Visa and entry requirements Liechtenstein:
Passport not required
No visa is required

Information from the Foreign Office about your trip to Liechtenstein:

The Principality of Liechtenstein is a small state in the Alpine region of Central Europe. Liechtenstein is one of only two landlocked countries in the world that are also only surrounded by landlocked states.

The principality is the sixth-smallest state in the world and the fourth-smallest country in Europe. It has a so-called hereditary monarchy, which also provides the sovereign.

The country borders on Switzerland in the west and Austria in the east. With around 40,000 inhabitants, Liechtenstein is the smallest country in the German-speaking area, so German is also the official national language.

The principality is a member of the United Nations, but does not belong to the European Union. The Swiss franc is used as the national currency there, following a customs agreement with the Swiss from 1923.

The small country used to be known as a tax haven, but this has not been the case since 2013 due to an international agreement.

Around half of Liechtenstein's national territory consists of mountains. The highest peak in the country is the Vordere Grauspitz, with a height of 2,599 meters. In total there are 32 mountains higher than 2,000 meters in the principality.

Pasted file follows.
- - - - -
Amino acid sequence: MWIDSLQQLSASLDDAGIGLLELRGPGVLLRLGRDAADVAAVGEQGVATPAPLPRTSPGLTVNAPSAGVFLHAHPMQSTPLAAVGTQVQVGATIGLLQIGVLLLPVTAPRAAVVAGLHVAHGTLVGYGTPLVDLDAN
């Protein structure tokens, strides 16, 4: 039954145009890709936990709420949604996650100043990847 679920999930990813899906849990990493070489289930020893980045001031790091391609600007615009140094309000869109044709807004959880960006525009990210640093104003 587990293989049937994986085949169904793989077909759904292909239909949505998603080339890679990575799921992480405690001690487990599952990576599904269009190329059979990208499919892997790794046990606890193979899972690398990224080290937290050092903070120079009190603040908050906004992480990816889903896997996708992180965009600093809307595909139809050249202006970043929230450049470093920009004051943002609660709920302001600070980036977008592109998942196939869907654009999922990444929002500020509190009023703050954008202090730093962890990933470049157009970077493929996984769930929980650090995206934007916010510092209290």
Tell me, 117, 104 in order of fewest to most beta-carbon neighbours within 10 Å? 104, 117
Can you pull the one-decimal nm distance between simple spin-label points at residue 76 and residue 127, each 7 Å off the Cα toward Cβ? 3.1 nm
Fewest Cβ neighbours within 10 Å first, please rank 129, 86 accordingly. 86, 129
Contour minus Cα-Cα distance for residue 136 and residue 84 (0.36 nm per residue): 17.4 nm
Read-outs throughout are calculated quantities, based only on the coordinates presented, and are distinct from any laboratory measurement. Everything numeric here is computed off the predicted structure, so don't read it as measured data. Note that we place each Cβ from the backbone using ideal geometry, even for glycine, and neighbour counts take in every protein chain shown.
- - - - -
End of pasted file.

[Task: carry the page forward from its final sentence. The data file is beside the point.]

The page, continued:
The Rhine River is the most important and largest body of water in Liechtenstein. It is primarily responsible for the country's water supply and is also an important recreational area for the local population.

The largest town in Liechtenstein in terms of population is Schaan, while the capital, with the seat of the state government and the archdiocese, is the city of Vaduz.

Only around 6,000 people live in the capital Vaduz and there are three important museums there: the Liechtenstein Art Museum, the Liechtenstein State Museum and the Postal Museum. The historic medieval buildings include Vaduz Castle, the Schalun ruins and the “Red House”. The Cathedral of St. Florin is the largest building in the entire principality.

The most important modern buildings in the country include the Liechtenstein state parliament building, the government building of Liechtenstein, the town hall of the municipality of Vaduz, the “Rheinbergerhaus” and the “Old Rhine Bridge”.

There is no commercial airport on the entire territory of Liechtenstein.

The town of Malbun is a popular location for winter tourism, with several cable cars and associated amenities. Otherwise, visitors tend to come from neighboring Switzerland or other surrounding areas to spend their vacation in Liechtenstein.

So far I have traveled to the Principality of Liechtenstein twice. During my first stay I was actually only in the country for two to three hours.

In May 2001, on the way to Milan for Bayern Munich's Champions League final, I stopped to admire the scenic beauty of the small state.

My second stay took me to the small capital for a day in July 2020. Vaduz seemed more like a small, cozy and romantic village, but mostly well maintained and very clean.

The Vaduz Castle, which towers over the city and is also the residence of the reigning prince, offered a great photo opportunity from every angle. Vaduz is home to many modern bank buildings and some ornate buildings. You can definitely spend some time in the three interesting museums.

Basically, it was very comfortable in Liechtenstein and I spent an eventful day there. Somehow the small country was different from all normal travel destinations and that's why it was so attractive. This very special something makes this rich principality something very special in today's travel world and a worthwhile excursion destination at any time.